I just today I tried to connect to my work network from home using the Cisco AnyConnect client, for reference I’m using AnyConnect 3.1.05182 on Windows 8.1, and was unable to. I was immediately presented with an error before even being asked for a username and password, which said something was wrong with the client, as it hadn’t really had time to start any proper negotiations with the ASA.
A little bit of Googling revealed that the problem might have come from a recent Microsoft update, dated just a few days ago. I had noticed my machine downloading a few updates of late, and I’m nowhere near as diligent with testing updates on my personal machine as I should be, or as I am on any work related systems.
It turns out that this is indeed a bug with the latest set of Microsoft patches, and Cisco confirmed this here.
While Cisco have said ultimately the fix has to come from Microsoft, there is a workaround until a permanent fix is produced;
Close the AnyConnect client from the system tray
Navigate to the AnyConnect client install location, for example “C:\Program Files (x86)\Cisco\Cisco AnyConnect Secure Mobility Client\”
Right click on the vpnui.exe and click troubleshoot compatability
Pick “Try recommended settings”
Click “Test Program” and this will reopen the AnyConnect client
Repeat the same process again, but for vpnagent.exe
On the final test when the AnyConnect client opens again, you then find that you’re able to connect normally again. If you have Cisco support it would probably be valuable opening a TAC case and mentioning case number #115021112390273. This bug does also affect Windows 7 when IE11 is installed, and the same fix should work there too.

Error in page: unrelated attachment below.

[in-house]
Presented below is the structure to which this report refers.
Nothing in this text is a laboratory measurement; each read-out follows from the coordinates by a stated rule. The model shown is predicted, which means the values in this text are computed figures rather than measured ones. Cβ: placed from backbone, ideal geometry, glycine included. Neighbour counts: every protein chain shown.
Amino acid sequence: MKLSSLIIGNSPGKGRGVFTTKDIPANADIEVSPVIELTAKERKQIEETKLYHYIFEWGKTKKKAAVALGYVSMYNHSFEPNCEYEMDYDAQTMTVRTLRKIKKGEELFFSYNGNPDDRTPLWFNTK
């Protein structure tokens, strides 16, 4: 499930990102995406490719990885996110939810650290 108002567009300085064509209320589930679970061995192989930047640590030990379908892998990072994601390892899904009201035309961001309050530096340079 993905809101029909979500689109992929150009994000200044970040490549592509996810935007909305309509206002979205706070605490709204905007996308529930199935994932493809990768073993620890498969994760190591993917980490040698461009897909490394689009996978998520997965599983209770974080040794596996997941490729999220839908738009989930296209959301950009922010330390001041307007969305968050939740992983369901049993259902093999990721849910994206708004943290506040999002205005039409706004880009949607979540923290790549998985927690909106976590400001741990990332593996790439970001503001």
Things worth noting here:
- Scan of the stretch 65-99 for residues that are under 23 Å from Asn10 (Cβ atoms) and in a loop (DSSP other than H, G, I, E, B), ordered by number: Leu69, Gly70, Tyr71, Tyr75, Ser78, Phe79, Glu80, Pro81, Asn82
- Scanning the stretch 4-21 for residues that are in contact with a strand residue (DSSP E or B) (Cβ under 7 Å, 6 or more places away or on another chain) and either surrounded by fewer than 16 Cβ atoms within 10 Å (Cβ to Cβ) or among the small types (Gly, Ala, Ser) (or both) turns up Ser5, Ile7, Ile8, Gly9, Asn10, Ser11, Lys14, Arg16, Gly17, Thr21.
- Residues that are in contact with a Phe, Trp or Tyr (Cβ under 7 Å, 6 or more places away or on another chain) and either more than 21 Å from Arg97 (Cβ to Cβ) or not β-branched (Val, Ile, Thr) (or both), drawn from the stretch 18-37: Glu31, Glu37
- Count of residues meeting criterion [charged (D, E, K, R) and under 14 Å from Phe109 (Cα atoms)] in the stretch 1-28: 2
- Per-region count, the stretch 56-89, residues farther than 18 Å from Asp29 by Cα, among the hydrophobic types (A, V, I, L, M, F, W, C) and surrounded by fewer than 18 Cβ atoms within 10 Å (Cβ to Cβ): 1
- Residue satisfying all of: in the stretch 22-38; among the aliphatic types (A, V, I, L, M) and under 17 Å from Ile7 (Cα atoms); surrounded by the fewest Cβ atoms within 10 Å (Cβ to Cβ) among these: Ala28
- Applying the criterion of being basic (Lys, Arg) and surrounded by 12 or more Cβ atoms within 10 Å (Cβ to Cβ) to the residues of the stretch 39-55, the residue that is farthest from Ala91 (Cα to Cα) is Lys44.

When you’re creating a set of Group Policy preferences, you can set all kinds of settings in a very similar way to how you would if you were sat in front of the machine. For example, IE settings are very intuitively laid out and it really is just like doing it within the internet control panel screen;
The key thing to remember though, is that in a lot of cases, just setting the preference isn’t enough, you have to enable it too. So for example, entering a homepage into the preferences panel will not make it actually apply, as you can see the lines underneath it stay broken red, which means that the setting will not get applied;
Although it’s not mentioned within the policy at all, there are keys you can press to enable or disable individual settings, or the entire page, and these are documented on Technet.
Basically, to enable the homepage setting we saw above, after you’ve finished entering it, press F6 and this will turn the line under the settings to green and this means that then this will get applied;
So from this you can enable or disable any setting from within the policy, and hopefully take a little more control over your Internet Explorer settings going forwards.
I came across a server today that had some horrible problem with the .NET frameworks on it, and none of the updates or service packs from Windows update would install. I couldn’t remove any of the .NET applications using either the App/Remove Programs GUI, or via the correct msiexec install strings. I’m not sure how the server came to be like this, but it was a problem I had to sort out and basically I was a little stumped, until I came across Aaron Stebner’s MSDN blog. He had a post about completely removing the .NET applications in their entirety.
The application works on all versions of .NET and you can find it on his blog here
Once you’ve run the cleanup tool, reboot and then you can just install the applications from Windows Update again. The application worked very well and once it was finished, all was well in the .NET world.